What is Bangladesh's current forex reserve?
Ever since Sri Lanka and Pakistan's economic turmoil, Bangladesh's foreign exchange reserves has become a part of public discourse. So much so that despite having an official figure from the central bank every week, people are speculating.
This begs the question: what exactly is the current reserve position?
"According to the latest available data with the IMF, Bangladesh's gross international reserves is about $27.5 billion as per international statistical definitions," Rahul Anand, the IMF mission chief to Bangladesh, told The Daily Star yesterday.
But what is gross reserves? It is reserve assets, as per the IMF's balance of payments and investment position manual (BPM6), which is followed faithfully by central banks around the world. But Bangladesh's central bank is yet to adopt it.
Reserve assets consist of gold, cash US dollar, bonds and treasury bills, reserve position in the IMF, special drawing rights holdings -- which is a form of international money created by the IMF and defined as a weighted average of various convertible currencies -- and so on.
The Bangladesh Bank's gross reserves computation though factors in other components and subsequently, the number ends up being markedly higher.
"As per today's position, our reserve is $34.24 billion and that includes EDF and others," BB's Spokesman GM Abul Kalam Azad told The Daily Star yesterday.
The $7 billion Export Development Fund (EDF), the $200 million Green Transformation Fund, the $385 million Long Term Financing Facility, the guarantee provided for the $480 million loan taken by Biman Bangladesh Airlines, the deposit to International Islamic Trade Finance Corporation (ITFC), the $200 million currency swap with Sri Lanka, the 77 million euro disbursed to Payra Port Authority against the 524.5 million euro loan sanctioned and the below-investment-grade securities are considered as gross international reserves.
"These don't count as reserve assets as per BPM6," said a finance ministry official involved in the meetings with the IMF staff mission. These components amount to about $8.2 billion, he added.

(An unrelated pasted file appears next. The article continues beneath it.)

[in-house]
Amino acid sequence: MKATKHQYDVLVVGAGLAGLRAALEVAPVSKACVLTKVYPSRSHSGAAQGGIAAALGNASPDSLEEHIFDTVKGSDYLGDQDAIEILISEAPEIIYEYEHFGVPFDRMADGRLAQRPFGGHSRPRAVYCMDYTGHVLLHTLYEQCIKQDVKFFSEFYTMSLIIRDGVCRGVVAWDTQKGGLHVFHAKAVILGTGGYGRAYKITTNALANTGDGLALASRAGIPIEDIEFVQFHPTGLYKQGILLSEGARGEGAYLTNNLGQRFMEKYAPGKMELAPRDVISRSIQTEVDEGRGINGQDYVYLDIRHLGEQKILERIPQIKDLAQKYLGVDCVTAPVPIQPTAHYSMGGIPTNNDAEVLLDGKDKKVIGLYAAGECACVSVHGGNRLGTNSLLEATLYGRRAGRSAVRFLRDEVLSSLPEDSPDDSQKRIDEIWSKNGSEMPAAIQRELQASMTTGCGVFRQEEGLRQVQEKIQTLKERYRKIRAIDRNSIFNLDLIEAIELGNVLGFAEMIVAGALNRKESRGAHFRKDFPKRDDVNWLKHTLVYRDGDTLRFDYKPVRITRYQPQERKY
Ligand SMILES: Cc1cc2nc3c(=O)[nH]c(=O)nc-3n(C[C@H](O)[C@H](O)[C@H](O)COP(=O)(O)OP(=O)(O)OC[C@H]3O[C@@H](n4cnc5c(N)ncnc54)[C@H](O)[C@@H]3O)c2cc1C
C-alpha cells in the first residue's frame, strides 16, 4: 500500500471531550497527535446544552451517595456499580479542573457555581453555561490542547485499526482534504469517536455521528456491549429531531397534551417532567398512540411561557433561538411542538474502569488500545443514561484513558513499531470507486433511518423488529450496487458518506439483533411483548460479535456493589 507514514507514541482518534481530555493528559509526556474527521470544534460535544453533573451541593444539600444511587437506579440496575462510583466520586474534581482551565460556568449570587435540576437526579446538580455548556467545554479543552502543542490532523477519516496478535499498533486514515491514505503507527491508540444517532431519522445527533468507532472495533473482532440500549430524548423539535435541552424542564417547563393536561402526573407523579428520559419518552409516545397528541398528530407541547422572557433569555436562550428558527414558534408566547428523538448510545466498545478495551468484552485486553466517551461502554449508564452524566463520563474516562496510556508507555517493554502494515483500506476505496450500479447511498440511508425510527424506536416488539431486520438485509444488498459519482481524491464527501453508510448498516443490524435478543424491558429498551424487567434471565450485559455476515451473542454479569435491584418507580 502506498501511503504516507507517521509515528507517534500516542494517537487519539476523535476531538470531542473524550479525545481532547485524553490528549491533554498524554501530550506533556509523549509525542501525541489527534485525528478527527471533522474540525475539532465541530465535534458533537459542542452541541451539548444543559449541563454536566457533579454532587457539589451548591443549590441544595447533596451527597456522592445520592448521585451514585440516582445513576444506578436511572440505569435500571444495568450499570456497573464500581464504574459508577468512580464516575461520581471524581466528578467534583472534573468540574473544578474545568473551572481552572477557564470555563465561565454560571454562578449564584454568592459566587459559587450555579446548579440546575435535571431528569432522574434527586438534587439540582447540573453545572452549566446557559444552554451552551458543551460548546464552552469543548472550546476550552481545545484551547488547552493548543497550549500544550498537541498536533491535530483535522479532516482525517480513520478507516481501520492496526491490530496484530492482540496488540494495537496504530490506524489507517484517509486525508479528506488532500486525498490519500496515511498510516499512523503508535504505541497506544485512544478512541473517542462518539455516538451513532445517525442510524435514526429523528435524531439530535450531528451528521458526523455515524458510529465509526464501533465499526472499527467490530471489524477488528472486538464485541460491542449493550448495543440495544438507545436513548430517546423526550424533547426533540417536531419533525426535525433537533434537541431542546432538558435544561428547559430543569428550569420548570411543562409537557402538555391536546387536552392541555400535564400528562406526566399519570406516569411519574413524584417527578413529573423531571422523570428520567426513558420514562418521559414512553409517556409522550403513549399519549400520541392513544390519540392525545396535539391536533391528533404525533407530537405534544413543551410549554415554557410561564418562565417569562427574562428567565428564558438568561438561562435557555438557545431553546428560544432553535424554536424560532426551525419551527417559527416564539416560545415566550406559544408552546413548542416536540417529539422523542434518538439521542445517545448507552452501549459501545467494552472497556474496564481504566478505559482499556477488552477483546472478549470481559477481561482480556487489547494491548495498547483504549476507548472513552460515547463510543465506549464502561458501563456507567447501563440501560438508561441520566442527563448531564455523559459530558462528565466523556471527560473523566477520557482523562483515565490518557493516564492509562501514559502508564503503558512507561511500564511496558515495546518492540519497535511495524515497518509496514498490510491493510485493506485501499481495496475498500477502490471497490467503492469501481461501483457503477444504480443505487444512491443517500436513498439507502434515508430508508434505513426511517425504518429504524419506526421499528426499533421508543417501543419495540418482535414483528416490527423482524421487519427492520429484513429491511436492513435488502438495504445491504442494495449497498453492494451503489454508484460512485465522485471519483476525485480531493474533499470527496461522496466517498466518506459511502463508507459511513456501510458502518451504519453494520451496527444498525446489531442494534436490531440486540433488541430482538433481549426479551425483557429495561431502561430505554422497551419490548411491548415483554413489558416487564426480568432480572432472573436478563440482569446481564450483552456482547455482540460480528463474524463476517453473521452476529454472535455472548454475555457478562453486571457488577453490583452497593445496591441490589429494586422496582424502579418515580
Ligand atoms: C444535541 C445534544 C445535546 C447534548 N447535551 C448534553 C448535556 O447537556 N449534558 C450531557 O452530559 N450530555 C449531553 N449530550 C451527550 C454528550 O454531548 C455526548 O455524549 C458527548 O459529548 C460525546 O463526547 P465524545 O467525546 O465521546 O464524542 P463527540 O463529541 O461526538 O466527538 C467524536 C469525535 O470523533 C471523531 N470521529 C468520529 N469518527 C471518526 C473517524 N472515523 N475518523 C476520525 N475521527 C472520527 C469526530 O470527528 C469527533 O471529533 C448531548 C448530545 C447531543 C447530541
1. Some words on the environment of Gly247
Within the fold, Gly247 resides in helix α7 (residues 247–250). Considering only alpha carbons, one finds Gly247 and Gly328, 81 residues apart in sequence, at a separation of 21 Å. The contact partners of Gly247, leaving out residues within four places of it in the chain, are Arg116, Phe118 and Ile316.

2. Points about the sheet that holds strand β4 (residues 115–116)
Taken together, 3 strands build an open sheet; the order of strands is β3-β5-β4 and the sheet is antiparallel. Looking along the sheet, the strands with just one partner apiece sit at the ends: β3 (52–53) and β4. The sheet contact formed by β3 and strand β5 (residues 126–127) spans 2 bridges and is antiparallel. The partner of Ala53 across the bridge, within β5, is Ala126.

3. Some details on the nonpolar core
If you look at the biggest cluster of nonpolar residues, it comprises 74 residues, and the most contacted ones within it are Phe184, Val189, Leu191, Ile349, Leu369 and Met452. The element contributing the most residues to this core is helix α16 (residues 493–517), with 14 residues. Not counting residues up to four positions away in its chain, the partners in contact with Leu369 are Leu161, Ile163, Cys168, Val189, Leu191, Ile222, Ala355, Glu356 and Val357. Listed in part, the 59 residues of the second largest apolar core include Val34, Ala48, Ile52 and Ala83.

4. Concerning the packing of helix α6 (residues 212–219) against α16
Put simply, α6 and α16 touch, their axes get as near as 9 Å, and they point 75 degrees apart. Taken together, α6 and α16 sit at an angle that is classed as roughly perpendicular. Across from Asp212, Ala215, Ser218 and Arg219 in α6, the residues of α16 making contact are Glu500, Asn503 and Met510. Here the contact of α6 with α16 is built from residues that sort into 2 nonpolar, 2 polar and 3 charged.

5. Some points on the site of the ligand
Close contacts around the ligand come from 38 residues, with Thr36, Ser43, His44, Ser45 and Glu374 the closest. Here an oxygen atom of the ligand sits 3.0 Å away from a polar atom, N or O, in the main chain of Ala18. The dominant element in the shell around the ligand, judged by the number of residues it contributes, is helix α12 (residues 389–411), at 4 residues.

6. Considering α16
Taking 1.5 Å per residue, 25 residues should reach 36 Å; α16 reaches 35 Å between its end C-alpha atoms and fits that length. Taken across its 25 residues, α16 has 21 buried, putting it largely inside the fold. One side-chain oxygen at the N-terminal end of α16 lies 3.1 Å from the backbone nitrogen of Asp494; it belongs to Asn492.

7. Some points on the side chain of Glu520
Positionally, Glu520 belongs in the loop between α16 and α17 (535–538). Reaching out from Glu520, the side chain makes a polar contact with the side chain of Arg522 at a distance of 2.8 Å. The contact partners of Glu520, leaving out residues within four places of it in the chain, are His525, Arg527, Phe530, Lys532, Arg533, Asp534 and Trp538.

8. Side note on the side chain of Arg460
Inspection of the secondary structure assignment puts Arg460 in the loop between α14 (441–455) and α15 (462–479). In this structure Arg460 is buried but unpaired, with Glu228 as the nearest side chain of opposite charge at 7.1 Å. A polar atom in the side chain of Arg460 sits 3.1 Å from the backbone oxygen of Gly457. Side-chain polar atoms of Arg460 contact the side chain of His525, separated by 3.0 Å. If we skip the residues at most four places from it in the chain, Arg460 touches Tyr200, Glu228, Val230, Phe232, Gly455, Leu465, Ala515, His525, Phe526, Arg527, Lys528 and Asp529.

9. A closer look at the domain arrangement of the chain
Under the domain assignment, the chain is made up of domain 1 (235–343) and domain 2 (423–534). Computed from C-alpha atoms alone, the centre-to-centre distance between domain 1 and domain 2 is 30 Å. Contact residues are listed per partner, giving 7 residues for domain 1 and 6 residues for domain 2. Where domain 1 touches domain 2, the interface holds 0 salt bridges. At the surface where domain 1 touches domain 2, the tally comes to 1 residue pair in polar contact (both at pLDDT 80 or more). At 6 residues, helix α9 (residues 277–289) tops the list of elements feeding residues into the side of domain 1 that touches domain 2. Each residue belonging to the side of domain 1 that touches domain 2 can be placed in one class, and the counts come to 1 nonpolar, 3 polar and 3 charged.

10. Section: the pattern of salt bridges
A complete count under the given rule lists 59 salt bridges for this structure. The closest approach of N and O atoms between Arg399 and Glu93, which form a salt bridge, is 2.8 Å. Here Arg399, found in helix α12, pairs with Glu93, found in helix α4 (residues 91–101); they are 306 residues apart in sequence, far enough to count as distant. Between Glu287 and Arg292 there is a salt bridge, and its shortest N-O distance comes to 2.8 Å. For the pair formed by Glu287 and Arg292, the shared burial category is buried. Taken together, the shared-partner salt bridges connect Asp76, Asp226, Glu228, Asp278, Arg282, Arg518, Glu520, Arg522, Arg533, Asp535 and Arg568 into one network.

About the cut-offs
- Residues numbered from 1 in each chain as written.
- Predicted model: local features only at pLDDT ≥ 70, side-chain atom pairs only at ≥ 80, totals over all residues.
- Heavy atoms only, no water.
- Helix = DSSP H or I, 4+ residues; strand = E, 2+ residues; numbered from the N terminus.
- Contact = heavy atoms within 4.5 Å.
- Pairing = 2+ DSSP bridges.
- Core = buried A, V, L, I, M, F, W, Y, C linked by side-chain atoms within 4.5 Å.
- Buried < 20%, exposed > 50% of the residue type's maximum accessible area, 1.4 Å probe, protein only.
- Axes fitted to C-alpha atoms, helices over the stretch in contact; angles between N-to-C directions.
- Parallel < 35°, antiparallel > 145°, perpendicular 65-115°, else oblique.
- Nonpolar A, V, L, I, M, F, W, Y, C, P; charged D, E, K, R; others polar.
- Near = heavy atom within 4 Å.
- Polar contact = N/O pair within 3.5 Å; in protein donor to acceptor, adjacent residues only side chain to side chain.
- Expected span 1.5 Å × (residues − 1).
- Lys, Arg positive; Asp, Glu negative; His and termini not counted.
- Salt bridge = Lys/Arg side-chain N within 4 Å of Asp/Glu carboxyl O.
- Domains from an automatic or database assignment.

Subsequently, the issue of reserve reporting was discussed at length during the recently-concluded IMF staff mission.
The IMF mission insisted on reporting on gross reserves as per BPM6, The Daily Star has learnt from people involved in the meetings.
Reserve assets "must be readily available in the most unconditional form"; it should be "liquid in that the asset can be bought, sold and liquidated for foreign currency (cash) with minimum cost and time, and without unduly affecting the value of the asset", the IMF said in BPM6.
The mission also called for reporting on net reserves as gross reserves can provide a misleading view of the size of the country's precautionary buffers available to meet potential foreign exchange liquidity needs in adverse circumstances.
In this context, the concept of net international reserves -- gross reserves minus short-term foreign currency drains -- is useful to guide macroeconomic policy advice.
Short-term foreign currency drains include impending import bills and loan repayments.
For countries with less open capital accounts, import coverage is often seen as a relevant measure, highlighting how long imports can be sustained in the event of a shock.
Traditionally, the measure has been based on months of prospective imports, with three months' coverage typically used as a benchmark, according to the IMF.
"There is still 3-3.5 months of coverage," Anand told a press briefing on November 9 after wrapping up the 15-day tour of Bangladesh.
Going by the IMF's number for Bangladesh's gross reserves, the import cover at present is for 4.2 months assuming that the average monthly import bill is $6.5 billion, the finance ministry official said.
"If you include EDF and others, it would be 5.5 months of import," he added.
The central bank though is open to the IMF's methodology for reserve calculation and is planning on adopting BPM6 as early as January, according to officials working on the matter.
"The EDF would be slashed by half, so it would not be a problem to report reserves as per the IMF's methodology," said an official on the condition of anonymity.